Latest News & Updates

Youth Detention royal commission into NT has lessons for Victoria

Victorian Cherry creek youth facility is largely unsupported by NT Royal Commission recs

The Royal Commission into the Protection and Detention of Children in the Northern Territory (NTRC) found shocking and systemic failures occurred over many years and were known and ignored at the highest levels. It calls for the shutting down of Don Dale and a major overhaul and rethink of youth justice, child protection & detention.
Many might assume the disturbing practices revealed are limited to the NT, however, similar behaviours and practices have been documented in all youth detention facilities throughout Australia including Victoria.
In Victoria, staff working in youth detention facilities have 3 weeks of training & do not need to have any experience with youth. This year it was revealed that Victorian youth in detention have regularly been locked down and isolated as a form of discipline and when there are staff shortages.  Education was only introduced relatively recently in Victoria & not to all detainees.
Briefings on the new Cherry Creek facility have repeatedly emphasised security and control. As yet, we in the youth sector are unconvinced much will change in terms of staff training or assessments on entering custody. At odds with the Royal Commission’s recommendations, the facility will be very large and it will not be close to the homes and communities of young people being detained.
Some of the key recommendations of the Royal Commission’s final report are:
  • Raise the age of criminal responsibility to 12
  • No detention for a child under 14 except in exceptional circumstances
  • Put into practice detention as a last resort and greater use of diversion into the community
  • Comprehensive professional medical and psychological assessment on being taken into custody
  • Young people to be detained in facilities that are close to home, small and therapeutic in focus
  • All young people in detention have access to ongoing education in custody and post-detention
  • Youth justice officers to have demonstrated experience in working with young people and to be  provided with adequate relevant training
  • Family contact to be prioritised and facilitated
  • Prohibiting extendable periods in isolation over 24 hours, or its use as a punishment
  • Banning the use of tear gas and force or restraint being used to discipline those in detention
  • Much greater accountability of officers including body-worn video cameras.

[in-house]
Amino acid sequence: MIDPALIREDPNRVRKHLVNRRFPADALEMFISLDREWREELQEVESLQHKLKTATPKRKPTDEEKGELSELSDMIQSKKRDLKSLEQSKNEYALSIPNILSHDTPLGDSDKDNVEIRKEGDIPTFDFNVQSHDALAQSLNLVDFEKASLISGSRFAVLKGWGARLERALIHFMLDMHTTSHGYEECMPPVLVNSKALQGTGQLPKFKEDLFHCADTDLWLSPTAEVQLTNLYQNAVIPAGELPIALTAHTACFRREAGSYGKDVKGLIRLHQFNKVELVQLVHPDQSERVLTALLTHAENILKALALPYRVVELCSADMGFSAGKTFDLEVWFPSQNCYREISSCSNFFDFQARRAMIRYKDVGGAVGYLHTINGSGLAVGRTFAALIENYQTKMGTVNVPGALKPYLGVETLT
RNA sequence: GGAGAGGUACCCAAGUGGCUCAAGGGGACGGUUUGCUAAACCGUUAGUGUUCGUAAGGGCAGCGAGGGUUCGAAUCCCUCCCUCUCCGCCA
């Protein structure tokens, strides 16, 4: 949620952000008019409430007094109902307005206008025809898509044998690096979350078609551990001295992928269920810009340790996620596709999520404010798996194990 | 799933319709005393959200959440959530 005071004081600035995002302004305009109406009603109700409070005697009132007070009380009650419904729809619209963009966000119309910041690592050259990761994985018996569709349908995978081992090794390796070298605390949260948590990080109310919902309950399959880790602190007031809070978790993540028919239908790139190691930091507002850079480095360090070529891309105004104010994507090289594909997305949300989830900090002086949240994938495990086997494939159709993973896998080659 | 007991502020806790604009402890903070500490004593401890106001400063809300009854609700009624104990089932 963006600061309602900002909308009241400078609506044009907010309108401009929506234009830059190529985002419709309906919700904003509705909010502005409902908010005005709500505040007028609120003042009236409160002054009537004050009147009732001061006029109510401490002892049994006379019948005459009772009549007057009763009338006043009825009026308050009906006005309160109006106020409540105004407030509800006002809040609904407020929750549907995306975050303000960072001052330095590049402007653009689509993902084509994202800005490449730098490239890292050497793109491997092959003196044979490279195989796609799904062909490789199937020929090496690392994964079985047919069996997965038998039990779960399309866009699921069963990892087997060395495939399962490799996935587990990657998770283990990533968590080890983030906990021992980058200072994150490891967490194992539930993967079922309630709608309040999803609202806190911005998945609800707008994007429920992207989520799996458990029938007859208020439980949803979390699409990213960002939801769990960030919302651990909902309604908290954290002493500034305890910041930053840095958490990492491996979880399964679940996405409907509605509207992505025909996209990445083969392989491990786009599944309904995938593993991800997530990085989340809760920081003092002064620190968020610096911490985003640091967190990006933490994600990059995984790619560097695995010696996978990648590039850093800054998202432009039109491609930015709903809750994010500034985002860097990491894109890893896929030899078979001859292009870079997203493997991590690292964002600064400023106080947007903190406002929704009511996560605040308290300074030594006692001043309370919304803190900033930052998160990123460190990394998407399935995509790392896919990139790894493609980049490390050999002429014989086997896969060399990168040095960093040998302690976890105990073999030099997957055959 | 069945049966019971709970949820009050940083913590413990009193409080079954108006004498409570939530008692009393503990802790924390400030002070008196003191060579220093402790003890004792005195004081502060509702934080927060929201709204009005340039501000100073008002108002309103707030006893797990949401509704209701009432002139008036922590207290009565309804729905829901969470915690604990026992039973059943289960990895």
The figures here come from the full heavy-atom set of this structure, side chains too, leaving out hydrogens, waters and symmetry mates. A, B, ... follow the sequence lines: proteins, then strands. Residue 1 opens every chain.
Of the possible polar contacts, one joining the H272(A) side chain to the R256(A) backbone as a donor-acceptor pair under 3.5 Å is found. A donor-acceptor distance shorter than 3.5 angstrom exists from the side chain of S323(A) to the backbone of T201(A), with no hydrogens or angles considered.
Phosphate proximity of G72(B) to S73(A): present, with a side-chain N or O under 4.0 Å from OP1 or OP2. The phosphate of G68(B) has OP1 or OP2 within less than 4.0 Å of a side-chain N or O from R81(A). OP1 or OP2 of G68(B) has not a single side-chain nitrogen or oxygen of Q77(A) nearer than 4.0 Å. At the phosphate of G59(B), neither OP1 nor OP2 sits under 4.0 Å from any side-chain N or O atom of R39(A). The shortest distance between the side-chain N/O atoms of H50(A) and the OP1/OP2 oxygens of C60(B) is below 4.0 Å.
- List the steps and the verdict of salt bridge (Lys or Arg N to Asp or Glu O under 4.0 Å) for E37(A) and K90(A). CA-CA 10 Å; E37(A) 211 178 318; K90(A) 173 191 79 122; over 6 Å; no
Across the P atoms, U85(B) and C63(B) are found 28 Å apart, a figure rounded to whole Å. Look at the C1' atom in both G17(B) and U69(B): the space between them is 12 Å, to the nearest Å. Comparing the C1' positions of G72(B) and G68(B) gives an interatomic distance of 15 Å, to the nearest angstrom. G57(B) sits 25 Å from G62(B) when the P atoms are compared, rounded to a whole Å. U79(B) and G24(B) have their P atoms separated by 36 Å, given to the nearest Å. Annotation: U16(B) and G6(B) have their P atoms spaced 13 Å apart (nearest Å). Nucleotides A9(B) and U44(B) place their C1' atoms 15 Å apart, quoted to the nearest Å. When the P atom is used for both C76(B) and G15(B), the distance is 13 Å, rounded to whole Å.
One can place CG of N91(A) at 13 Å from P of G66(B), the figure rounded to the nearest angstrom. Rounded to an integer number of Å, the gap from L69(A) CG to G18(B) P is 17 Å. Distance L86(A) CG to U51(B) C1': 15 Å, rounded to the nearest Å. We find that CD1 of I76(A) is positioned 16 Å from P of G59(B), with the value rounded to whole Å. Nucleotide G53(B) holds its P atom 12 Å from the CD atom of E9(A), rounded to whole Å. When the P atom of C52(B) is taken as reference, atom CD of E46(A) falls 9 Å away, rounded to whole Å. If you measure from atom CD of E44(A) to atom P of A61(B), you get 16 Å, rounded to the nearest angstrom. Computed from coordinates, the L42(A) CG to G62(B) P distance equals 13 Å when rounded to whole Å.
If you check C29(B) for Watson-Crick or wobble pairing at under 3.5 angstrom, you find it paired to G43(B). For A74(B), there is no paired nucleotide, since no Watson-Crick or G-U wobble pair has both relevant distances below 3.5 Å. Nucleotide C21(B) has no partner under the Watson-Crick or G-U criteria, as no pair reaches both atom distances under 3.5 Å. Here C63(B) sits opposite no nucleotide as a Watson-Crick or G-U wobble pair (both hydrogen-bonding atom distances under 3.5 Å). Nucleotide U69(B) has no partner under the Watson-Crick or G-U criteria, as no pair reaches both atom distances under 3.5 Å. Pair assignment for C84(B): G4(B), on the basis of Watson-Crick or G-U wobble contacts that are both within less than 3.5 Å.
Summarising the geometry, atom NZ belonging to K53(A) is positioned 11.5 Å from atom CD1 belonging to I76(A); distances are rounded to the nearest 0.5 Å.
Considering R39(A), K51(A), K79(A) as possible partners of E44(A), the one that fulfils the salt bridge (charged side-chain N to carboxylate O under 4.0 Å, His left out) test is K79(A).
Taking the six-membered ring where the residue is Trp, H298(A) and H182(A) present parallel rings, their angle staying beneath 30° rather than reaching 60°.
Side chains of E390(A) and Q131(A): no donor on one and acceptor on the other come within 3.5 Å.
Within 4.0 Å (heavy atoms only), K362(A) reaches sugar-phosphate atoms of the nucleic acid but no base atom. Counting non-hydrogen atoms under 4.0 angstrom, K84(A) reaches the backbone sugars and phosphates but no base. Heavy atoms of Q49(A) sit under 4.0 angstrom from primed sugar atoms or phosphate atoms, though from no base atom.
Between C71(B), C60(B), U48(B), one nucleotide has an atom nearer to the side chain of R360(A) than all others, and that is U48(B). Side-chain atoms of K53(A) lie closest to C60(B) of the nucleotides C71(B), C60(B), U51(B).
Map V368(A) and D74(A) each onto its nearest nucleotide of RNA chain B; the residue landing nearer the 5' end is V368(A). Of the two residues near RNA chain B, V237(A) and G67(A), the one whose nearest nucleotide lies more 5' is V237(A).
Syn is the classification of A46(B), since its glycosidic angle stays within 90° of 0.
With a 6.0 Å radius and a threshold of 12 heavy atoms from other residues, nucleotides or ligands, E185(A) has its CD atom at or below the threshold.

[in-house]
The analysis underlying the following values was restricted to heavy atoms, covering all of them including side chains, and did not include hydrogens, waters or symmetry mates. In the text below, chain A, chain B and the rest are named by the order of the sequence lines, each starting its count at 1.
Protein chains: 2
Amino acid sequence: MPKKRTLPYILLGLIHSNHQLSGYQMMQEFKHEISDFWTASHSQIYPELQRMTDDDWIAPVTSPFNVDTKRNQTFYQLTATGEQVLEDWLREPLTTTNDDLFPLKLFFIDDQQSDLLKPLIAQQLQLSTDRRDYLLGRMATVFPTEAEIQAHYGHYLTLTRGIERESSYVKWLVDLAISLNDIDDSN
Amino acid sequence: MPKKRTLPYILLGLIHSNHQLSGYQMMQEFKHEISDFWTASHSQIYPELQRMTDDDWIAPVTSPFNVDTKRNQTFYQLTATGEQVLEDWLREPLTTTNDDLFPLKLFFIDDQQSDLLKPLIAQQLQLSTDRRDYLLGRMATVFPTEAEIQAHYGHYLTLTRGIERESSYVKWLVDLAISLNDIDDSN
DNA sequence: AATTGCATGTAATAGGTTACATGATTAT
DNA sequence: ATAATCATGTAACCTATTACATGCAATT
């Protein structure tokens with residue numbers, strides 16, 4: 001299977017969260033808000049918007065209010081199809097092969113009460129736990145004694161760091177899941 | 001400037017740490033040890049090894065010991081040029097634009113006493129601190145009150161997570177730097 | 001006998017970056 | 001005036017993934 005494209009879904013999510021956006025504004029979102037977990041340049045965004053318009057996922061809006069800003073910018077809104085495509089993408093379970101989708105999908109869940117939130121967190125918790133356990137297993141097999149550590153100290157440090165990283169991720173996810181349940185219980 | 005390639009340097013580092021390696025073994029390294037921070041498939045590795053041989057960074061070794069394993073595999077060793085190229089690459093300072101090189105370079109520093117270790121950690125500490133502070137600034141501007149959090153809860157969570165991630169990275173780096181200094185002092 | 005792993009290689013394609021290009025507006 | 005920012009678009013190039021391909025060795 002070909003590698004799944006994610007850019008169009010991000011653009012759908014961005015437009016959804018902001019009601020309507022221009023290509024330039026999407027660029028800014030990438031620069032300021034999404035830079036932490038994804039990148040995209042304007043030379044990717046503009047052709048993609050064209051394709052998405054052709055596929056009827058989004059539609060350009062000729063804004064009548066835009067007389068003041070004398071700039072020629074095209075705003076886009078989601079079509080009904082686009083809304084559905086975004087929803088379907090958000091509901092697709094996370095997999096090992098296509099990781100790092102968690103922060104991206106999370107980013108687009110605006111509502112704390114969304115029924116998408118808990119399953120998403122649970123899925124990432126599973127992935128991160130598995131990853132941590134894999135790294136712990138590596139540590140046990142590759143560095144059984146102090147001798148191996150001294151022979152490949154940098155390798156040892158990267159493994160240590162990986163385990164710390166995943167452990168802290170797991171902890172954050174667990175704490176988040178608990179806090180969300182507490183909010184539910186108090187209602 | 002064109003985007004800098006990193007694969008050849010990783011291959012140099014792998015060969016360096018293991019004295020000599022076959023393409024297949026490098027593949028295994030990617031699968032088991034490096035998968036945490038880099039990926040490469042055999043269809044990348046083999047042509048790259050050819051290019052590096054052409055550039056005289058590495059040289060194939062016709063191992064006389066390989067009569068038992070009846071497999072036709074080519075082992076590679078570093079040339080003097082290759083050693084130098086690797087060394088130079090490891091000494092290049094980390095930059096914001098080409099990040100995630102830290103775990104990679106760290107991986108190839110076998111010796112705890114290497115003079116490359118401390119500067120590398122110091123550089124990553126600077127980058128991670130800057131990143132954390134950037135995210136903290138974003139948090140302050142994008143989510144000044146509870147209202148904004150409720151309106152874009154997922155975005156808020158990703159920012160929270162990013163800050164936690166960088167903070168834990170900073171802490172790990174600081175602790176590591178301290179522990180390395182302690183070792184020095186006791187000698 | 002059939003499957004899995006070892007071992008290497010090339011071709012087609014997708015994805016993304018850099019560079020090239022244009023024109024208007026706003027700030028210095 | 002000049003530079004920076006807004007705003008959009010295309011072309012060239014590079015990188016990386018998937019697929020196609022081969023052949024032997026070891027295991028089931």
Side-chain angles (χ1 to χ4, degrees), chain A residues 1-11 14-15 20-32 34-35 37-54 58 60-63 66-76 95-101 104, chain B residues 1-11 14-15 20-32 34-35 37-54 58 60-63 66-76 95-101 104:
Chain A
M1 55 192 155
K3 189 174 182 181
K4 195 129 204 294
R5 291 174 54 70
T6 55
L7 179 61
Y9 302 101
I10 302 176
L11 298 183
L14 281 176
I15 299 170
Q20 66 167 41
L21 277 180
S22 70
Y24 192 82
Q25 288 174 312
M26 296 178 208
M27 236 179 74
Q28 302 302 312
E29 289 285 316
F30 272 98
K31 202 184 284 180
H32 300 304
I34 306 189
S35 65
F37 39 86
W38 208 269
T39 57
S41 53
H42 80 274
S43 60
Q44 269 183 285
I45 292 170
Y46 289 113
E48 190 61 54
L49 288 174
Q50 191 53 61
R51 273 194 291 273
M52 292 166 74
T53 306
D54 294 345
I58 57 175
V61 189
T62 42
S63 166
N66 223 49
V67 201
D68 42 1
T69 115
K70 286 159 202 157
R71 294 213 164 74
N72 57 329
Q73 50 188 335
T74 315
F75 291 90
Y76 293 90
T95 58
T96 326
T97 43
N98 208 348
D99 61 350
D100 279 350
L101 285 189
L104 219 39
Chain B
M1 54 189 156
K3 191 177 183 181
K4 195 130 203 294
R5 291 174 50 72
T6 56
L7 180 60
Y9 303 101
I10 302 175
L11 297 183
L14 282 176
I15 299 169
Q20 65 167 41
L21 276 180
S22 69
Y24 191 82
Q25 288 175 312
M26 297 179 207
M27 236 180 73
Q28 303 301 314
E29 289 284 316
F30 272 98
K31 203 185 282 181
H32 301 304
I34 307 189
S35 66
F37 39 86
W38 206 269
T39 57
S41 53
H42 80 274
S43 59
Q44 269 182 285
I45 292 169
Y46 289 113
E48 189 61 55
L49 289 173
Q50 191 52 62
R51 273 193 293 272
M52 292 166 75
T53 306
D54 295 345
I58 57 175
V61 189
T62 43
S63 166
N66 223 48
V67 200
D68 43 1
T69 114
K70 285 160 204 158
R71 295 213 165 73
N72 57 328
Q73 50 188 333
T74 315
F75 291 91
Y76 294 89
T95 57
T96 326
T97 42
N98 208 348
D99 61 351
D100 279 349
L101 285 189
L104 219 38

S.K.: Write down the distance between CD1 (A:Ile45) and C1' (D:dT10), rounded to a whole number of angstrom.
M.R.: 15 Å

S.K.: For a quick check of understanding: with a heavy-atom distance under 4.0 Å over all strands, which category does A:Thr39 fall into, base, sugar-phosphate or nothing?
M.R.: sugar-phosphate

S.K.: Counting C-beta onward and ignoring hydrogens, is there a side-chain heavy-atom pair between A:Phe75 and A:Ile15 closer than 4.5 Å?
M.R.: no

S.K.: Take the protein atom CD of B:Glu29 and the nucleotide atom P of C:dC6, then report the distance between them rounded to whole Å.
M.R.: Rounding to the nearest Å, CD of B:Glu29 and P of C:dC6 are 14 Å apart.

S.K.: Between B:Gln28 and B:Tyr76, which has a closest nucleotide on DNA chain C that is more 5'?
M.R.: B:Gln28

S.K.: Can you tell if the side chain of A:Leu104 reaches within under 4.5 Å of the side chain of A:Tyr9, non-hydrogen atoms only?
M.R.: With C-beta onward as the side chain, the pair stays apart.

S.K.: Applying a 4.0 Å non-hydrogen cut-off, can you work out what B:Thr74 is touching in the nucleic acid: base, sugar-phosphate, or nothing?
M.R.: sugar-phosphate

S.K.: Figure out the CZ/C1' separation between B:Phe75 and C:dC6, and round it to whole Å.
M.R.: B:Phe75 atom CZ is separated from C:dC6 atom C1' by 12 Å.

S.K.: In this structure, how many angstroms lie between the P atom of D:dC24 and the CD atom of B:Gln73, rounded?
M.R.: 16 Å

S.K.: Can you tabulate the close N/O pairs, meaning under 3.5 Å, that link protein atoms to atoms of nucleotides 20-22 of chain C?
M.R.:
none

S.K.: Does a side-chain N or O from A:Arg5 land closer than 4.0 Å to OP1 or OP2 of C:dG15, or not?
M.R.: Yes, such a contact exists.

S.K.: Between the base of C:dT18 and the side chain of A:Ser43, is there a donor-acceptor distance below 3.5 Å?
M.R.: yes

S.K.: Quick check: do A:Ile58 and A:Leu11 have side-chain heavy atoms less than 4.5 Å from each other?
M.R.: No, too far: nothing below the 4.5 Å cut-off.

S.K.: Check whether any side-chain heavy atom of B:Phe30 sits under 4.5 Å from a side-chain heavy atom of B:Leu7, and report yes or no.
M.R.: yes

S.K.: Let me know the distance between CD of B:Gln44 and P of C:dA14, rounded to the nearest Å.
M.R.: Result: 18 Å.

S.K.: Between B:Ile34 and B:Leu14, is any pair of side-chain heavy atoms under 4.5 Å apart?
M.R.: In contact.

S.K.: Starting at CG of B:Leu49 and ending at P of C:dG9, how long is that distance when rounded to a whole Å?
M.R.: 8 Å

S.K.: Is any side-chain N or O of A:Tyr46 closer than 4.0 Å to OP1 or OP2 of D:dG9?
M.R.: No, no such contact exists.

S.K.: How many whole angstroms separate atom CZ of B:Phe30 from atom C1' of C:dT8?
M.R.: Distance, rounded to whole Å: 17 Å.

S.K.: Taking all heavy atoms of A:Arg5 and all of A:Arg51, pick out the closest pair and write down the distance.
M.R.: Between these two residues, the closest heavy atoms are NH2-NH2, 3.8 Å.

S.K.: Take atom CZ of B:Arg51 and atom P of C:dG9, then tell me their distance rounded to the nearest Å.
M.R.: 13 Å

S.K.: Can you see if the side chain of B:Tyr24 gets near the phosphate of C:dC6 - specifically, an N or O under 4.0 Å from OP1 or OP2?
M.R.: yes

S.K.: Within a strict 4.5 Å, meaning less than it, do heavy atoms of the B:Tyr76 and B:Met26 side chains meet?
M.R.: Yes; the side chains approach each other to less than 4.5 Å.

Read the NTRC’s full report. 


Support Team Youthlaw for Run Melbourne!

Join Team Youthlaw or Donate Today for a great cause

Join Team Youthlaw and run, walk or roll for a great cause.

Race day is 30 July 2017 and we invite you, your family and friends to enter Run Melbourne and support Youthlaw.

Why get involved?

Whether you join the team or donate, you will have a lasting impact on Victoria’s most vulnerable young people. Your fundraising will also help us deal with some imminent federal funding cuts to the community legal sector and ensure we can continue to fully fund our regional outreach and Children’s Court family violence work.

How can I get involved?

Join Team Youthlaw
Run, walk or roll for a good cause with staff and friends of Youthlaw.
Race day is 30 July 2017.

1. Sign up to Run Melbourne
2. Join the Youthlaw team

Donate today
Even if you can’t be there on race day, click the link here to support the Youthlaw Run Melbourne Team with your donations.

How can I find out more?

If you have any questions or queries or would just like to get in contact, feel free to send us an email at


Let’s help James take off for the Birdman fundraiser

This weekend one of our lawyers, James, is launching himself and his home-built-flying-machine off of a four metre platform into the Yarra River.

We’d love for you to get behind James and Youthlaw and donate to back his superhuman efforts and support us!

On the day of the event (this Sunday at 11.30am) all donation amounts are given a metre value, which means that your donation will increase James’ flight distance. The longer the flight distance, the better chance to ‘win’ more money towards Youthlaw.

In the lead up to Moomba James has been hard at work wielding a hot-glue gun and dealing with burnt fingers. James is a great lawyer, but not as confident in his crafting capabilities. With your help we can rally his spirits for one last serious crafting session, and even increase his flight distance!

So please help James and Youthlaw out by donating today. Small donations are welcome (so are big ones!). Please share this with your networks as the event is on this Sunday!”